Right now Traeger is focused on the next stage of collaboration with Attie and several other UW–Madison faculty including Joshua Coon (biomolecular chemistry), Karl Broman (biostatistics and medical informatics), and Brian Yandell (statistics). “We know that the gut microbiome is influenced by diet,” Traeger says. “But there is also this genetic component, which is a black box.”
Using genetically distinct mouse strains is advantageous when you’re trying to model a particular disease. But if you’re trying to tease out broader biological principles, using a single strain of mice could lead to bias. That’s why the labs are using a special breed called Diversity Outbred, a strategic genetic mash-up of common lab strains and some wild strains.
In one hand, Traeger has the genetic code of each individual mouse. And in the other, she has the genetic code of the microbiome of each mouse. Using advanced statistics, she’s searching for patterns that suggest some molecular matchmaking.
“I’m trying to identify how the host is selecting for or deselecting for the presence and abundance of certain microbial functions. Because the microbes are interacting somehow with the host.” One gene of interest is responsible for creating the important immune protein TNF-alpha, which plays roles in cancer and autoimmune disease. Early returns suggest that the TNF gene is also involved in sensing and responding to bacteria that have flagella.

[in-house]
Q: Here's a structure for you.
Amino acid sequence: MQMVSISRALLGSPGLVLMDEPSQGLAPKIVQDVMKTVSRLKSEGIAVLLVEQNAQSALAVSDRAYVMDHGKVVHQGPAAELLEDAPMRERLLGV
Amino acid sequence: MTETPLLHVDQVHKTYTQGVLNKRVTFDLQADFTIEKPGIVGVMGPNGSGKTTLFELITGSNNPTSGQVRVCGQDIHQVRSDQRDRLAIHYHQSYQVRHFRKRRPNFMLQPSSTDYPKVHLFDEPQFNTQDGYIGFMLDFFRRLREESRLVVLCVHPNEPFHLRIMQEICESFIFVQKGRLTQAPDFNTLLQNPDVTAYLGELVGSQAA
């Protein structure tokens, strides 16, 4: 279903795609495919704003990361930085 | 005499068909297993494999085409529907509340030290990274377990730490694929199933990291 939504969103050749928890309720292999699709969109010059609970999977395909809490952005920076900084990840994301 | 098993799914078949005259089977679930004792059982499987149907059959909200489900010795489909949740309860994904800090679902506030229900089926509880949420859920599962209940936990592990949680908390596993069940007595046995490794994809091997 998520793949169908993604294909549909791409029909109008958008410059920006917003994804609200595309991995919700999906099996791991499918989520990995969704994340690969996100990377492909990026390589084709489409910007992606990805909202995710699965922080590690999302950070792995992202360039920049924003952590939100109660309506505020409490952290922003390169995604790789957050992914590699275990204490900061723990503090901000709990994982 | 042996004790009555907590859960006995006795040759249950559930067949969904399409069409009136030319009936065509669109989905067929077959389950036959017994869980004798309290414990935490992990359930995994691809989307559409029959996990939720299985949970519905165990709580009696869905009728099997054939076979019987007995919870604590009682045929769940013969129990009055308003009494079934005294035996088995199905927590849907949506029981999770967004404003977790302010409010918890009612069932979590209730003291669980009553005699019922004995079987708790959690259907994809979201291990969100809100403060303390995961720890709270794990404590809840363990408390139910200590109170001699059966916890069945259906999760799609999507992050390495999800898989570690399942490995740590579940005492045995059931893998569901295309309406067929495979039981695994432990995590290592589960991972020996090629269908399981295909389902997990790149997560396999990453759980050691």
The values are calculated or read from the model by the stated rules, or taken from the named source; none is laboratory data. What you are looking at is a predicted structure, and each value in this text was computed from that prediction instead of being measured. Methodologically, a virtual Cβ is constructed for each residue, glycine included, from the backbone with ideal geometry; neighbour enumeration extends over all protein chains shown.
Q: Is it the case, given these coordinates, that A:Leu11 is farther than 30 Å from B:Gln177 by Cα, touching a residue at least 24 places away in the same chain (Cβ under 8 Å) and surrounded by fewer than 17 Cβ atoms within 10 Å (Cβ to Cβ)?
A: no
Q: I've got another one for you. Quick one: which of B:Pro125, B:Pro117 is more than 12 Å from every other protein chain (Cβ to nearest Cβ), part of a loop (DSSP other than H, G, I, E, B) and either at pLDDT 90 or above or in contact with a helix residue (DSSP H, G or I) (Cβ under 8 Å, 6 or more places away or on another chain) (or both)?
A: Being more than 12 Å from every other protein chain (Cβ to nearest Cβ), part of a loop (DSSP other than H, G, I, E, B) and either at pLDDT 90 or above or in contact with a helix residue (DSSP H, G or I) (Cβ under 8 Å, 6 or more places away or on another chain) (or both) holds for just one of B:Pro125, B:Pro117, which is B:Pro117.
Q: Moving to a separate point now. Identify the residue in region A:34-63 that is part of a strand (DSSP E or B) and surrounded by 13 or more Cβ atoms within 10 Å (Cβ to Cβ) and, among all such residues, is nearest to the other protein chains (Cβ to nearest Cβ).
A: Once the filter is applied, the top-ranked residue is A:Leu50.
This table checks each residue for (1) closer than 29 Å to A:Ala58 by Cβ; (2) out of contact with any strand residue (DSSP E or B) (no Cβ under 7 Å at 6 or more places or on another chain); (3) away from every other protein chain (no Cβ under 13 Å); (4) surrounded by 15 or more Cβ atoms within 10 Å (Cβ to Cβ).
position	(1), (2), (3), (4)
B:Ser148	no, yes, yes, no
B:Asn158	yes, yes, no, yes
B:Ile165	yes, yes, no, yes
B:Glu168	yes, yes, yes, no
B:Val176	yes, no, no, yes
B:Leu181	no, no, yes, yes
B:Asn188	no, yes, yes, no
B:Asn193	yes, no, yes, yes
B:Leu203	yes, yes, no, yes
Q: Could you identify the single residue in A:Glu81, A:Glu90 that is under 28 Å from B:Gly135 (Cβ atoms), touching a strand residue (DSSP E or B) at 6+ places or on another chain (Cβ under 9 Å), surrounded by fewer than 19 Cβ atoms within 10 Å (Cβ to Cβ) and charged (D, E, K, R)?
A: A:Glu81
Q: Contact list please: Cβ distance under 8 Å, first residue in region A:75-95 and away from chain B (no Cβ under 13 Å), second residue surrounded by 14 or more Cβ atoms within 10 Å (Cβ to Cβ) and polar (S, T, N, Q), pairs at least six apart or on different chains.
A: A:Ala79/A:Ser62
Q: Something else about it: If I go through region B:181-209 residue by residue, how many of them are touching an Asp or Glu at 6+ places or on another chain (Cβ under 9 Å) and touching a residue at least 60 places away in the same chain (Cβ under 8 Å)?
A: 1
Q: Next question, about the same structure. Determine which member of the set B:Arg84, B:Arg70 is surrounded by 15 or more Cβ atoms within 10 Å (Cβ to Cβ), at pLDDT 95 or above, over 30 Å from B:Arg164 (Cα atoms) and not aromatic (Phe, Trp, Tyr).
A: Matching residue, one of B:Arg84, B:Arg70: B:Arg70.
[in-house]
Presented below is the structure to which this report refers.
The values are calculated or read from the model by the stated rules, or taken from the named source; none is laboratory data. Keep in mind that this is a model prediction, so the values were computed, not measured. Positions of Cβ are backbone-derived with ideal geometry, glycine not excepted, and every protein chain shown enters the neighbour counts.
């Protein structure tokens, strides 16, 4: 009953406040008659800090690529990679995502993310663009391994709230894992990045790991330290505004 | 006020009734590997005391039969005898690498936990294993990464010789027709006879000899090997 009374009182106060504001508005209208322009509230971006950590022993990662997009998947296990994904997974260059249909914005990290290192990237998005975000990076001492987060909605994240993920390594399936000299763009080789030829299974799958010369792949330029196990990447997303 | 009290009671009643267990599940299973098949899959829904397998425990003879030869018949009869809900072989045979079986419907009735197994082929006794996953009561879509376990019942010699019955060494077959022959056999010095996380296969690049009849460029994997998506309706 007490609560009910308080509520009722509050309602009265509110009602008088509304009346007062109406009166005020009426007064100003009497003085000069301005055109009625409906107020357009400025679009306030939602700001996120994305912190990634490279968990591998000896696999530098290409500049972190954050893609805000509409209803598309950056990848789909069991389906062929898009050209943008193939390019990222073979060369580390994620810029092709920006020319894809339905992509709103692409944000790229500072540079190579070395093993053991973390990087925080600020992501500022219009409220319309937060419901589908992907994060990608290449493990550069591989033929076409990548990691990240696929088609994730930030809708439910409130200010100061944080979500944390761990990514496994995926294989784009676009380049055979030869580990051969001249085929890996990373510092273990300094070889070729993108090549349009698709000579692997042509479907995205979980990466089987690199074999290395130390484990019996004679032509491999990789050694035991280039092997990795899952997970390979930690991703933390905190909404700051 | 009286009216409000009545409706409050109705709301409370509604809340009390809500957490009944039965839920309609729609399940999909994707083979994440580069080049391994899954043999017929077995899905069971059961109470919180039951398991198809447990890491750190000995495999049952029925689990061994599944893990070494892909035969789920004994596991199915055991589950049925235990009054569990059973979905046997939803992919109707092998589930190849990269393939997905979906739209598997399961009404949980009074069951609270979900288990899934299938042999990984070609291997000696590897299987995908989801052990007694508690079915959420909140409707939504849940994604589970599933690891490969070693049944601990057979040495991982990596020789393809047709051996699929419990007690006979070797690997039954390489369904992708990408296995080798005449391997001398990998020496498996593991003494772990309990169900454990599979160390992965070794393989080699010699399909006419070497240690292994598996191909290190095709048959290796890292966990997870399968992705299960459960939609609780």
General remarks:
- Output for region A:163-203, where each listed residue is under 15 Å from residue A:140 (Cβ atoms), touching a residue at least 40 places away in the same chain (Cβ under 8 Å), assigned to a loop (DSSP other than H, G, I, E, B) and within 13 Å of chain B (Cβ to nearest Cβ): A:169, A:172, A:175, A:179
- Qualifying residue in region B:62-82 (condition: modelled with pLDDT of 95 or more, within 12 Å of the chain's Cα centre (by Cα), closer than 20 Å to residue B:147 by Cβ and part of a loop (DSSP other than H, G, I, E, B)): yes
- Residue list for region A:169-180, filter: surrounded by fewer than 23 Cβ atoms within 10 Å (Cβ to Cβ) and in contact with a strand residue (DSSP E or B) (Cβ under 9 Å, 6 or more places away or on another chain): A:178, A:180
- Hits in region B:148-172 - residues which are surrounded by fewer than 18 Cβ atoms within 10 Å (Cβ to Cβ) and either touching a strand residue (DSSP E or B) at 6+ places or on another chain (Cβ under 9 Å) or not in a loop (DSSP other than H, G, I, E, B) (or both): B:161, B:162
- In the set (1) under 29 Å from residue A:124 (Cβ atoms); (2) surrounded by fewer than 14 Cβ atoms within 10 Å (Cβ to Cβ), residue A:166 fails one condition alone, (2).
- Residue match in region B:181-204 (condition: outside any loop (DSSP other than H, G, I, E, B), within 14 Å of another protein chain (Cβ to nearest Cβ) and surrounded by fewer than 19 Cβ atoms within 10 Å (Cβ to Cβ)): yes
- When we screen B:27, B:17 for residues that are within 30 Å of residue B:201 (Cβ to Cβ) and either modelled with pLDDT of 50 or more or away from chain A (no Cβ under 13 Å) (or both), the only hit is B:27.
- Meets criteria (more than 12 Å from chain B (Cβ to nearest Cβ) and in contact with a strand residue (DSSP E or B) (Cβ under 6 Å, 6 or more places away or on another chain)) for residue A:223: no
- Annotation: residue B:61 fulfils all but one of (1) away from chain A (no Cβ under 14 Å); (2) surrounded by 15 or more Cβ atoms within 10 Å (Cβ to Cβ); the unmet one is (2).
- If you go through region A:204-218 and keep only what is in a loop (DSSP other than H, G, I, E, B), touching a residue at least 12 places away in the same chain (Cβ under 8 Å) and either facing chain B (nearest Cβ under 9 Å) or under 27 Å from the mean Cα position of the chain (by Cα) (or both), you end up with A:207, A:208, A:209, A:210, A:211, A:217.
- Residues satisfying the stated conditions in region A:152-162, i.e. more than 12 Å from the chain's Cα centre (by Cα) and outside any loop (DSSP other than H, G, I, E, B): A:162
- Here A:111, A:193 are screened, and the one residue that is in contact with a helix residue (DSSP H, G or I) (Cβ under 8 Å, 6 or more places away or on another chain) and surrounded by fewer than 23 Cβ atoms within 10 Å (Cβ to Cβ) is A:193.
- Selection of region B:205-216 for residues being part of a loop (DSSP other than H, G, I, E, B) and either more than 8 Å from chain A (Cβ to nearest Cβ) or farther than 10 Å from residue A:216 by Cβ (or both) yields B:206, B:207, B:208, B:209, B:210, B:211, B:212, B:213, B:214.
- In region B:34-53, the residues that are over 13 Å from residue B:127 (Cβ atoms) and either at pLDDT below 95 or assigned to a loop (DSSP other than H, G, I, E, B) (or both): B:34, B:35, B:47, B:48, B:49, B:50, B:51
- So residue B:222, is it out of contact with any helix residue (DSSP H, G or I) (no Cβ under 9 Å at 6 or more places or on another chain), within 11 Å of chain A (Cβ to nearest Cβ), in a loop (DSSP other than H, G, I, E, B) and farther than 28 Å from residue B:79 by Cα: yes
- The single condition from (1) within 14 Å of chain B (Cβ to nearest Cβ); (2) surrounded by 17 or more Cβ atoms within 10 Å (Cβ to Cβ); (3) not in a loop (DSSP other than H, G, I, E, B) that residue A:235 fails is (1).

Of course, the TNF gene is only one of about 23,000 genes, while the genes associated with bacterial flagella are just a few out of potentially hundreds of thousands. With numbers that big, there’s a lot of noise to filter out. And lots of distractions. “It’s a little hard to focus,” she laughs. “I think I could just spiral off. [Rey] keeps me thinking about the biology.” Rey’s endless creative energy helps. “He’ll just bust into the office and say, ‘I have this idea!’”